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Bloomberg endorsed by 3 Congressional Black Caucus members after stop-and-frisk apology

Chattanooga, Tennessee — There is one candidate in the 2020 presidential race who wasn't on the ballot in New Hampshire. Michael Bloomberg is running an unconventional campaign, fueled by his own millions. But even before his name appears on a primary ballot, he's already facing controversy over his policies while he was mayor of New York.

Campaigning in Tennessee on Wednesday, Bloomberg expressed regret for comments he made in 2015 about New York City's controversial stop-and-frisk policy.

"We put all the cops in minority neighborhoods. Yes that's true," Bloomberg is heard in a recording of a speech given a year after he left office. "Why do we do it? Because that is where all the crime is." 

Bloomberg is also heard saying "you can just take the description" of male minorities age 16 to 25 and "Xerox it and pass it out to all the cops."

Under the stop-and-frisk policy implemented during Bloomberg's three terms in office, hundreds of thousands of people were stopped and searched by police without warrants, with the city's black and Latino population disproportionately targeted and the vast majority released without arrest.

In a statement released Tuesday morning, Bloomberg said he "inherited" the policy of stop-and-frisk from his predecessor, Rudy Giuliani.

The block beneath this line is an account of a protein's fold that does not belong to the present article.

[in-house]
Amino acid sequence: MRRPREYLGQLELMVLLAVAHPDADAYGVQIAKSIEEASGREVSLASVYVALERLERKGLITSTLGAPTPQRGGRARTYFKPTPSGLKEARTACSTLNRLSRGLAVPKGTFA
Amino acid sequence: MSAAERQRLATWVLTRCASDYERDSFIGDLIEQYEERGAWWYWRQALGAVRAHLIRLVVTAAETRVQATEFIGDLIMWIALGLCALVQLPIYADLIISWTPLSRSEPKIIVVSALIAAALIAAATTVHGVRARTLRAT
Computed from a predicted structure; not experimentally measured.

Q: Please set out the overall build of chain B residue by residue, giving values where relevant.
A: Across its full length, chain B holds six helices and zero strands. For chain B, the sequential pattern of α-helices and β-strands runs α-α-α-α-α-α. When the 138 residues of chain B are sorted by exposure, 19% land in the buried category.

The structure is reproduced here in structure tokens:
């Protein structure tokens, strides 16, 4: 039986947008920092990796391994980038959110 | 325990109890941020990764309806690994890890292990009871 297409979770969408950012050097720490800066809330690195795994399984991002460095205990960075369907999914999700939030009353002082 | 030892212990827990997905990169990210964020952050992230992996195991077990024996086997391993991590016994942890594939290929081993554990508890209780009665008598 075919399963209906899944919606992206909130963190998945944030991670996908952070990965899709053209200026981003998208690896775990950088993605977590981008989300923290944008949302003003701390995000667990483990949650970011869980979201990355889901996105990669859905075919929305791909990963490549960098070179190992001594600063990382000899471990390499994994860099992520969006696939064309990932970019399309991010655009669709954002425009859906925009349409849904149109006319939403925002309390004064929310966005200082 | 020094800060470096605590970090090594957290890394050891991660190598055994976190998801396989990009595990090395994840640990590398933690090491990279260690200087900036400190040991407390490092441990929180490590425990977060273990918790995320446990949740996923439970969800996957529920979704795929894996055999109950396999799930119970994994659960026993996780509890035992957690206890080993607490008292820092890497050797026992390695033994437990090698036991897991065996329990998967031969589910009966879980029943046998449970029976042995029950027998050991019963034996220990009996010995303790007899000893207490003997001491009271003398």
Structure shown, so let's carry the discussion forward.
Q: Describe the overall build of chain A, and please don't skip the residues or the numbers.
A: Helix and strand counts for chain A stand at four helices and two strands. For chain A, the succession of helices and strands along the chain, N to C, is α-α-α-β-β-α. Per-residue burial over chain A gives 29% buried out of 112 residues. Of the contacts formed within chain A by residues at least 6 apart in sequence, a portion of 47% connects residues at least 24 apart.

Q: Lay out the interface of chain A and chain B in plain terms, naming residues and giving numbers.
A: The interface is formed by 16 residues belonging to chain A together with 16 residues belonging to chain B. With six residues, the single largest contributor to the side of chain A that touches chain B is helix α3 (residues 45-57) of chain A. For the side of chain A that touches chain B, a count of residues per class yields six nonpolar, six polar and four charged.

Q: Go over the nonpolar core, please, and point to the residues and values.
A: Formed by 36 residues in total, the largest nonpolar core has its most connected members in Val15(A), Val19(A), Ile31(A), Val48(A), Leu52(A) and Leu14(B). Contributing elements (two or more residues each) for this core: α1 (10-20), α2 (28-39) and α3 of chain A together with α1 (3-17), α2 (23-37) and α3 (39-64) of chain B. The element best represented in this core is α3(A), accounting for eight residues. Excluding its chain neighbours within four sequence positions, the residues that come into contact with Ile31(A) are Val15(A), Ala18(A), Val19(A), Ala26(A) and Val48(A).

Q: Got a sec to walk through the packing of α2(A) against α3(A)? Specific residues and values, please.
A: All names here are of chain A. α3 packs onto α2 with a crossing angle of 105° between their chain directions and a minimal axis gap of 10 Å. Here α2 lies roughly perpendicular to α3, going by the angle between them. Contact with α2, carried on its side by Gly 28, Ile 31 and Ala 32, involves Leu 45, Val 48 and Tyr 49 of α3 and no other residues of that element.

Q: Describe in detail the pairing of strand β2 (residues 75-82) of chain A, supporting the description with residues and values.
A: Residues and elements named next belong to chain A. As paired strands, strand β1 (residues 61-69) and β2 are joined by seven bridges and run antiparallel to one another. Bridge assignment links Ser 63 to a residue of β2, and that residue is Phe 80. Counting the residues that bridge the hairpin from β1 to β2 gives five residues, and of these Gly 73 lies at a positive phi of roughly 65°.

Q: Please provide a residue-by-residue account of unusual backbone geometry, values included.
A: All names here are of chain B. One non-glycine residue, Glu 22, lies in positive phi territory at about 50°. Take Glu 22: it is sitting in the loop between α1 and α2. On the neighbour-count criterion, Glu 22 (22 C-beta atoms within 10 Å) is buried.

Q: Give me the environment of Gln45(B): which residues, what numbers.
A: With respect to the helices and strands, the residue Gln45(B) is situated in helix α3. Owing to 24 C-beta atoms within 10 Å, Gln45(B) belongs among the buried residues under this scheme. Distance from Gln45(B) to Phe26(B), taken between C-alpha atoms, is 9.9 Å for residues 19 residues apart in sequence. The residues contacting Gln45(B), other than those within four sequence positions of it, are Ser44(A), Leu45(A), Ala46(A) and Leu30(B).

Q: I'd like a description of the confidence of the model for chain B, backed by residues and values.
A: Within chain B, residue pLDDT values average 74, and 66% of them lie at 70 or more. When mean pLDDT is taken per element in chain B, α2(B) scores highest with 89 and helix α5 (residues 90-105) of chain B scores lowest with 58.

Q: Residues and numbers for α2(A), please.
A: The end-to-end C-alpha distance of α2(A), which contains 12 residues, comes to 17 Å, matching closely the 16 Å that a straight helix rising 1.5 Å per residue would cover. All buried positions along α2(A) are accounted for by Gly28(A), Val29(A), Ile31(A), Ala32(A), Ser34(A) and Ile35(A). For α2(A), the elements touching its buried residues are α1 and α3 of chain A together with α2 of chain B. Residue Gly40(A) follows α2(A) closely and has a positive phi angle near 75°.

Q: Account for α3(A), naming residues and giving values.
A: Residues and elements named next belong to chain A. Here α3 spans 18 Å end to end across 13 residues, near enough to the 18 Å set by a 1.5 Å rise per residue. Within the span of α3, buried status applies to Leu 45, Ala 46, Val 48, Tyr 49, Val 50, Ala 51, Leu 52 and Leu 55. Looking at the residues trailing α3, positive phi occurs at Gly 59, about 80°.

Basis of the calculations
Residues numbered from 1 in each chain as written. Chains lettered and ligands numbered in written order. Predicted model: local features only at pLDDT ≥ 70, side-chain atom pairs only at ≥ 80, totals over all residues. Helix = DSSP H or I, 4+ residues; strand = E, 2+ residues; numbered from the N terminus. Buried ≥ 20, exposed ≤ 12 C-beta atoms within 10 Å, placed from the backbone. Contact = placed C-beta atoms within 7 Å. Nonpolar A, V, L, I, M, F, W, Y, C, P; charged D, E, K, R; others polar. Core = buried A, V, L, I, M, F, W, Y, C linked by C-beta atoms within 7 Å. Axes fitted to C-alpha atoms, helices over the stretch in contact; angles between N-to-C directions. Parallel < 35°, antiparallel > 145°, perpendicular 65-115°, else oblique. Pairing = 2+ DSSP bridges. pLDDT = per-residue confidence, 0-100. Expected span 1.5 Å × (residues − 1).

"I inherited the police practice of stop-and-frisk, and as part of our effort to stop gun violence it was overused. By the time I left office, I cut it back by 95%, but I should've done it faster and sooner," Bloomberg said. "I regret that and I have apologized — and I have taken responsibility for taking too long to understand the impact it had on Black and Latino communities."

Former New York City Mayor Michael Bloomberg seen Wednesday, February 12, 2020. CBS News

Asked on Wednesday by CBS News why he said those comments years ago, Bloomberg responded: "I don't think those words reflect how I led the most diverse city in the nation and I apologized for the practice and the pain that it caused."

The former mayor said he's not worried his comments could hurt him with voters of color. Wednesday, Bloomberg rolled out endorsements from three members of the Congressional Black Caucus: Georgia Congresswoman Lucy McBath, Congressman Gregory Meeks of New York and Delegate Stacey Plaskett of the U.S. Virgin Islands.

"I think we are going to do very well in the African American community," Bloomberg told the crowd in Tennessee.

Bloomberg has been digging into former Vice President Joe Biden's support among African American voters, which has fallen to 27% since December. Biden is now trying to shore up those numbers in South Carolina and beyond.

"You can't win a general election as a Democrat unless you have overwhelming support from black and brown voters. It's just really simple," Biden said Tuesday night.

Bloomberg is in Tennessee because the state holds its primary on Super Tuesday and early voting begins Wednesday. Some voters of color at the community center where Bloomberg held an event told CBS News they were bothered by Bloomberg's past comments, but others said they just wanted someone who can beat President Trump.

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